Jeff Wondoloski:

Absolutely. and to me, the thing that sticks out is, is what is it, what do they have in common in all of those? And it's to feel different than they do right now. So that brings up why is my kid vaping? Or Why am I vaping? Maybe there's a kid out there that's listening to this and just a few things. I think it's important to talk about the adolescent brain. It's still developing, still creating new pathways. So what an adolescent is doing when they're vaping i s they're teaching their brain that vaping is a solution. And this we see time and time again i n the addict mind, the alcoholic mind, the alcoholic brain, the addict brain, your brain will get used to vaping and need more to get the same effect. You won't realize that you're addicted. The process of vaping is more addictive than the nicotine. And we see that a lot , where you're just sucked into the actual process. Some people could get into the sneak, so to speak, you know, the dishonesty, the sneaky behaviors, mom and dad are aware that something's going on and that can be a rush, you know these are things to think about. These are things to be aware of. And one thing that if I could hammer something home, it's smoking is harder to quit than heroin, methamphetamine or cocaine.And those are pretty big. So I think what does a parent do? You know, what does a parent do?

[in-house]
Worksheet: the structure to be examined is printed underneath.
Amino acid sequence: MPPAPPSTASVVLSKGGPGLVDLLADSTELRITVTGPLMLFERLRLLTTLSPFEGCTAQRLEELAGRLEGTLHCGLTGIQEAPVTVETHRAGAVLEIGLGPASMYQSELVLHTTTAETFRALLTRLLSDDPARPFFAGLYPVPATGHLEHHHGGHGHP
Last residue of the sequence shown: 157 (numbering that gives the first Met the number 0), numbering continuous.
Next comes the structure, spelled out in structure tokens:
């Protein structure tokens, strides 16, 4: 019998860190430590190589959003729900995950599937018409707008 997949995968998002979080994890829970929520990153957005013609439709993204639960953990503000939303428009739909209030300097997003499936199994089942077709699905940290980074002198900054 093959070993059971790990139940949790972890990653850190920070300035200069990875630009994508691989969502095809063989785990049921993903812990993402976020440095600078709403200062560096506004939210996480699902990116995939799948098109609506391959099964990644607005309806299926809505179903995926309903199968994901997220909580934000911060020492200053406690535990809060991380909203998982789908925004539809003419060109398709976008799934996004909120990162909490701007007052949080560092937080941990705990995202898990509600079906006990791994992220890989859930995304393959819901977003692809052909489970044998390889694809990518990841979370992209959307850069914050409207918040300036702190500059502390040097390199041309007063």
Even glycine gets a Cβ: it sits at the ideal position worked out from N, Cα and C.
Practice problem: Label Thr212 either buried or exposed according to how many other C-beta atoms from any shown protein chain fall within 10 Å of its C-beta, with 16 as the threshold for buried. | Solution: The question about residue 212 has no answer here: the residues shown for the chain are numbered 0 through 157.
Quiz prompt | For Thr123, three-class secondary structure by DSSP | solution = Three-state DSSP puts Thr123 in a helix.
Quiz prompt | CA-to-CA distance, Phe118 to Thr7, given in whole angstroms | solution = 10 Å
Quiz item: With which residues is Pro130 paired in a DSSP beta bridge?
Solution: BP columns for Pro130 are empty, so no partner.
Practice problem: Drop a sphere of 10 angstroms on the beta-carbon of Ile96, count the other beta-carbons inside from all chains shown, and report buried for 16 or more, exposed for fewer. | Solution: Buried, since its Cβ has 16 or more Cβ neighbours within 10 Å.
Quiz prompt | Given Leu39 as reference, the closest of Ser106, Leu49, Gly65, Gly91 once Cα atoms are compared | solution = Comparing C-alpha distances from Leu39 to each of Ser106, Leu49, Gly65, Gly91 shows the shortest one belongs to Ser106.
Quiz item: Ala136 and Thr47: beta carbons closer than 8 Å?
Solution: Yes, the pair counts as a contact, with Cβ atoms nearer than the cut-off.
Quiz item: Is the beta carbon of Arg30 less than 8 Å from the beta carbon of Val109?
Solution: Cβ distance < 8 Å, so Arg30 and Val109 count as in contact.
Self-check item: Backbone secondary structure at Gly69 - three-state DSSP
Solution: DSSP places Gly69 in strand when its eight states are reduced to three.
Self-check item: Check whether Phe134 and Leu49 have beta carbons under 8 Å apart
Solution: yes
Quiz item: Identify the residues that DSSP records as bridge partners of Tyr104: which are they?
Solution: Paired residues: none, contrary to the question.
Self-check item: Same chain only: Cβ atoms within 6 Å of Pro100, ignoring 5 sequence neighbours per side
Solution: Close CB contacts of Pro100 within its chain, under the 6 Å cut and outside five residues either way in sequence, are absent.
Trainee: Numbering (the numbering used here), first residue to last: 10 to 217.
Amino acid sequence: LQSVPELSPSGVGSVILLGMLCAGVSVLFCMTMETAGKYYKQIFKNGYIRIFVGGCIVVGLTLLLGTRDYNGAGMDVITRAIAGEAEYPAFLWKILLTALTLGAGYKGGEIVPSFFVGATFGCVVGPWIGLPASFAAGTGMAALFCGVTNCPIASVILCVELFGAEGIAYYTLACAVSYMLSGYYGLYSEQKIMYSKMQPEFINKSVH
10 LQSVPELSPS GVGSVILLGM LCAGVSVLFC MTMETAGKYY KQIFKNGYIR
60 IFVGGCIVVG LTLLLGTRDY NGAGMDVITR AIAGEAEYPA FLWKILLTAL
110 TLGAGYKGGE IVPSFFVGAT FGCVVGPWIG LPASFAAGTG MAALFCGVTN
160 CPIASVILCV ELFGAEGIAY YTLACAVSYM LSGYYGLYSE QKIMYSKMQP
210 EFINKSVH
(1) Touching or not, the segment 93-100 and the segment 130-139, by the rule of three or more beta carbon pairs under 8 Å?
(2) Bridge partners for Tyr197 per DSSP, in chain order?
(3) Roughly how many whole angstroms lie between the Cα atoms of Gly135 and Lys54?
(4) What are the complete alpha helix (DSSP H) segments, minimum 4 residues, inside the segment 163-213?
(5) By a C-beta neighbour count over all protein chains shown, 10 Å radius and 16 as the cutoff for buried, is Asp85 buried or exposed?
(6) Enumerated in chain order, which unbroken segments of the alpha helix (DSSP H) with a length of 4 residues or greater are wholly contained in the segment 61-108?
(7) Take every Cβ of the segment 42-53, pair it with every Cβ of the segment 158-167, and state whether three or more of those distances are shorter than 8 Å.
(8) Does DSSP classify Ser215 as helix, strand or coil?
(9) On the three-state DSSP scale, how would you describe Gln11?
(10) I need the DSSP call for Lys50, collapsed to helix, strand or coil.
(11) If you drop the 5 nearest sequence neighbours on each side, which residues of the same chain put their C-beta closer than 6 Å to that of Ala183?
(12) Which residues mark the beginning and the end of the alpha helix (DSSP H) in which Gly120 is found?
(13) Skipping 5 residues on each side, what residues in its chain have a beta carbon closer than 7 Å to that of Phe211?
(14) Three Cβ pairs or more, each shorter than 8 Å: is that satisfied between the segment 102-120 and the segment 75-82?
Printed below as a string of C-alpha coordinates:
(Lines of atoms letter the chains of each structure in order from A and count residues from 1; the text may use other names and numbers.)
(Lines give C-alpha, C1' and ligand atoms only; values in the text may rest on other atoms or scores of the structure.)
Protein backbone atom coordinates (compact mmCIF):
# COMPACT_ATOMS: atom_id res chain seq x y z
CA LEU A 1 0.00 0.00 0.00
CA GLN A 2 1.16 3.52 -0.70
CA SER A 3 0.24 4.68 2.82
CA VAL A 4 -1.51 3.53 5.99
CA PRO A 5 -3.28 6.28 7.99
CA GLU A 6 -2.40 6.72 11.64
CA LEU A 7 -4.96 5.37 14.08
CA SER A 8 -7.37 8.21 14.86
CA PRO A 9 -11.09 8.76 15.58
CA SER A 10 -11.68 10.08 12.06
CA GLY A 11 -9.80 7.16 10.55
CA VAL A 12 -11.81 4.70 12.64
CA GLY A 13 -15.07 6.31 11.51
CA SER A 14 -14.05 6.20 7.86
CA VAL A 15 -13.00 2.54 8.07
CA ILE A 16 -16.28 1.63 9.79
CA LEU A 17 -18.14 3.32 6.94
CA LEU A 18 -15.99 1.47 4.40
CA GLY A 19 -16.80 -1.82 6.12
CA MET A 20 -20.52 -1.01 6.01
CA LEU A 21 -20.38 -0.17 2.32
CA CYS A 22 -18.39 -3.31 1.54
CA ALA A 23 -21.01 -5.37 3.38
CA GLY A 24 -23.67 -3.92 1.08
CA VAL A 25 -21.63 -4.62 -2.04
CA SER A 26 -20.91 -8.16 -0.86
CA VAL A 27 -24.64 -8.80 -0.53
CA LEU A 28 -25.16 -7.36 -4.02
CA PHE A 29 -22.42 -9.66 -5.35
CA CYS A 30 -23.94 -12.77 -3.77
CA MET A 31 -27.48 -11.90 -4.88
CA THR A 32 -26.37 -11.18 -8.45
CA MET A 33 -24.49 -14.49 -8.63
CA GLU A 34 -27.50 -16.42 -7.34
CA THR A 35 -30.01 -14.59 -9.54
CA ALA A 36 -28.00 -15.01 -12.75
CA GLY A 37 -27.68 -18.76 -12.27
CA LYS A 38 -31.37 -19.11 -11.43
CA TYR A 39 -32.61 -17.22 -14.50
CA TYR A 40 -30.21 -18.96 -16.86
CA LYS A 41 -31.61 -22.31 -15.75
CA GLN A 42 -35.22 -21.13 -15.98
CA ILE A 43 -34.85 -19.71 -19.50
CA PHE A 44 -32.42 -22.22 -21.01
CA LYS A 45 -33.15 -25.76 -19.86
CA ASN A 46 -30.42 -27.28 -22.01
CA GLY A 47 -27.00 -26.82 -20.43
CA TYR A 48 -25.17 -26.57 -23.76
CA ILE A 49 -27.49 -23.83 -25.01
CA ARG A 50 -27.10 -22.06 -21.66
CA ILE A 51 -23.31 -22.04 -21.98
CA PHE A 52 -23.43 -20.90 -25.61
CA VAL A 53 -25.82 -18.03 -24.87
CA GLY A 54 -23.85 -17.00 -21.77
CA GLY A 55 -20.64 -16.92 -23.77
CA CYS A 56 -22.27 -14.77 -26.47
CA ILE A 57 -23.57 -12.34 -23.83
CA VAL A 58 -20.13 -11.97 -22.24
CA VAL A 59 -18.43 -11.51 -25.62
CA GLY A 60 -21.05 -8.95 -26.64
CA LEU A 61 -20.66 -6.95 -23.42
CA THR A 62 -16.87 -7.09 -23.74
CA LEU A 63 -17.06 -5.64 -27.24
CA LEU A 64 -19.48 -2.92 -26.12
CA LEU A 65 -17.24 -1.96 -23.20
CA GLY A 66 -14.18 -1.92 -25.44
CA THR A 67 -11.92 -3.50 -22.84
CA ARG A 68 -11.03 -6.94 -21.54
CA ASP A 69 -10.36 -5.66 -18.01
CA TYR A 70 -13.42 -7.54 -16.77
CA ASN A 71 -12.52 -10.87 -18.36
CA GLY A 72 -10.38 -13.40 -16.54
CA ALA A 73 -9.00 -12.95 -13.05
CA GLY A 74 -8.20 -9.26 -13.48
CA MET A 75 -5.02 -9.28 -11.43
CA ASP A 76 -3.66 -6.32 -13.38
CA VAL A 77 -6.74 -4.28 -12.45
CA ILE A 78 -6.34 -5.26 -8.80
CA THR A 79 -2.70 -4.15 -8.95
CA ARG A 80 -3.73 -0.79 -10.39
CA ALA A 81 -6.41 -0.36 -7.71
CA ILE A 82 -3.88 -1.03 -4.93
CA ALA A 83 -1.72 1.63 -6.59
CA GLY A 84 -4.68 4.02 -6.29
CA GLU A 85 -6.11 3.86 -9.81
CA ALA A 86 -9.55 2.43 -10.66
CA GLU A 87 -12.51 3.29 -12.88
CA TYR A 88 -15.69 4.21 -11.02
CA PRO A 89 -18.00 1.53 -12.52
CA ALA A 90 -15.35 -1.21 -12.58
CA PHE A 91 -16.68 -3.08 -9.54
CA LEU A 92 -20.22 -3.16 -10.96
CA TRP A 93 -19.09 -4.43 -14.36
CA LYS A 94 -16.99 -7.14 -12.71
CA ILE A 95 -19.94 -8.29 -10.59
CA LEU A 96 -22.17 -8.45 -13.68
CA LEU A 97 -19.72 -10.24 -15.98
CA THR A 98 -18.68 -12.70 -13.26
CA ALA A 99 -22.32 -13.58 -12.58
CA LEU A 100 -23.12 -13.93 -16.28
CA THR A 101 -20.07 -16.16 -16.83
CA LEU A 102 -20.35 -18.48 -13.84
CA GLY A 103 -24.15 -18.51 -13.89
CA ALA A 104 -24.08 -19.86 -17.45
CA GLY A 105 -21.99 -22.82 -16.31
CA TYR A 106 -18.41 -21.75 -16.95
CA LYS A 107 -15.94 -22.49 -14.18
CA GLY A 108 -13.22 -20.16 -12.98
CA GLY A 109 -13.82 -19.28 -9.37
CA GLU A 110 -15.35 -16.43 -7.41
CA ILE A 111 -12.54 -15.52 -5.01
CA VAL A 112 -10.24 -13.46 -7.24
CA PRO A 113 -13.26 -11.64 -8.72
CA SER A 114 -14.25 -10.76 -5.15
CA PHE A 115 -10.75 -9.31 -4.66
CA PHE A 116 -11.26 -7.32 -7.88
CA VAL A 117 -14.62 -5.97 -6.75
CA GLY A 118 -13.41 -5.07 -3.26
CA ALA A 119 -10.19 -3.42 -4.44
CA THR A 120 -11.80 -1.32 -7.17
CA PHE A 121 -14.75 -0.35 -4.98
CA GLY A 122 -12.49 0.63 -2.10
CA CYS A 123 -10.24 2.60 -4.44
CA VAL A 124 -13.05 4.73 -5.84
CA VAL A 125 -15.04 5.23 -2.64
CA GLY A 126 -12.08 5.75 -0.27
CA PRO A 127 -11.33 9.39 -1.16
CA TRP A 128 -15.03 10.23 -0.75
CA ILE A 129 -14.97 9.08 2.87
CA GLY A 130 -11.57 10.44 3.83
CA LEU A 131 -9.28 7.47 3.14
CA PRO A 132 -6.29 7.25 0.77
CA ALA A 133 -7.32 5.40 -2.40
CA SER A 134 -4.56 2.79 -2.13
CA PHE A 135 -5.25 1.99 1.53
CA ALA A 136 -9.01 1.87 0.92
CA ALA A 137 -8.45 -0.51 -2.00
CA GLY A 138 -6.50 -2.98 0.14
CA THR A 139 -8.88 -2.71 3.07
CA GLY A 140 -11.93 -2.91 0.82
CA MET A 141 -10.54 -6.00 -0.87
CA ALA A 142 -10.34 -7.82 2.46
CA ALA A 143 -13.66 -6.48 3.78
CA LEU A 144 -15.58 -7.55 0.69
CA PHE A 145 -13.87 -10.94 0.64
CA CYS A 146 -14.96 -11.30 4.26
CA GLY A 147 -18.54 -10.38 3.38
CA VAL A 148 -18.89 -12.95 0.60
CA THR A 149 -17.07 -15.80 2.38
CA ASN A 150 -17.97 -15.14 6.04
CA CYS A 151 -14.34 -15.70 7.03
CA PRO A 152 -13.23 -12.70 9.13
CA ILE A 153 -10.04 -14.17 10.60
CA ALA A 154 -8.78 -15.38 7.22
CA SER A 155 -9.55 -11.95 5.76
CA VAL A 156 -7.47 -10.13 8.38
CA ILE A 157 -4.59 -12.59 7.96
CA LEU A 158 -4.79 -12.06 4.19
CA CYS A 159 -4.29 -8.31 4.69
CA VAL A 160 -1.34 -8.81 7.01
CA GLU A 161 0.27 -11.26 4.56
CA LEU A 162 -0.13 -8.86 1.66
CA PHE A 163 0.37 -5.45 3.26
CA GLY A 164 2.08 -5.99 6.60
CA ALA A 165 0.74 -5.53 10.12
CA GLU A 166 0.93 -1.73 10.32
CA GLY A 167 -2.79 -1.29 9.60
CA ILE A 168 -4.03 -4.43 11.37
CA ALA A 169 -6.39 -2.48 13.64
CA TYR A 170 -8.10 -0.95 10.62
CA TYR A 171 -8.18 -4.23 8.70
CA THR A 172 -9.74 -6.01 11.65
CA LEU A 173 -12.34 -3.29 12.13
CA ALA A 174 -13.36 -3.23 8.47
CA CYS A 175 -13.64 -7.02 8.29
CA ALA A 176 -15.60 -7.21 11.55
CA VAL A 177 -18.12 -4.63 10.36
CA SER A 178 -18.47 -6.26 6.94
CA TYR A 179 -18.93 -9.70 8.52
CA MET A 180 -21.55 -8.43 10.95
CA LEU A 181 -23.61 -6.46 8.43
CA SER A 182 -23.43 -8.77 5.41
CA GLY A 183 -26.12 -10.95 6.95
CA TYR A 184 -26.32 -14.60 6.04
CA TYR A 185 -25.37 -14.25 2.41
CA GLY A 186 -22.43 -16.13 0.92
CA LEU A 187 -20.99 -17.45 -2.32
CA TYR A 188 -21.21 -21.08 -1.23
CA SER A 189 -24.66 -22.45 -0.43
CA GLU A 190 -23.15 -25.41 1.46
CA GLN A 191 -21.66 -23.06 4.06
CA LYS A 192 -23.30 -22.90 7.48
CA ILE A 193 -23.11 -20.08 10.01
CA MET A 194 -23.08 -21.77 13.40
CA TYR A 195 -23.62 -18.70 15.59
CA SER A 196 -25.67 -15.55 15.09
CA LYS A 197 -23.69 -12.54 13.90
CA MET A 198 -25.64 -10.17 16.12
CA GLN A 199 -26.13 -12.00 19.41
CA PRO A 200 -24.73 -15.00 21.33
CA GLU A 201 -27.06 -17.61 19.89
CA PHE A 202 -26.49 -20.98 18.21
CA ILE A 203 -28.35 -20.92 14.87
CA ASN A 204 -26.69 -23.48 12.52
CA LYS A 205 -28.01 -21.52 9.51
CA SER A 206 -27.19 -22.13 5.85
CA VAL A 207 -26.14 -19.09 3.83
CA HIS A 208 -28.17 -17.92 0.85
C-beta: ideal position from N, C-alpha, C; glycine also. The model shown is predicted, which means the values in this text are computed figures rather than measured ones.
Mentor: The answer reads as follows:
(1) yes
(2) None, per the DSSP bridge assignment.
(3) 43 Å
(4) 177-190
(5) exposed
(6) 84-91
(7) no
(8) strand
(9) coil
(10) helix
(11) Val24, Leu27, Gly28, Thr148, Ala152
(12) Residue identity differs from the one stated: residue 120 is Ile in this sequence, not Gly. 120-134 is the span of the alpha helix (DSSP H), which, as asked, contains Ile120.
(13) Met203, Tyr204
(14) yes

Brenda Ramos:

And what are the solutions? 'Cause it's, every child is different, every situation is different. And we want to make sure to provide at least some options for parents. So that they know at least either where to turn to and what are some things to put in place 'cause it's pretty hard to monitor. I mean you can't be with your teen or your, you know, your child 24/7.

Jeff Wondoloski: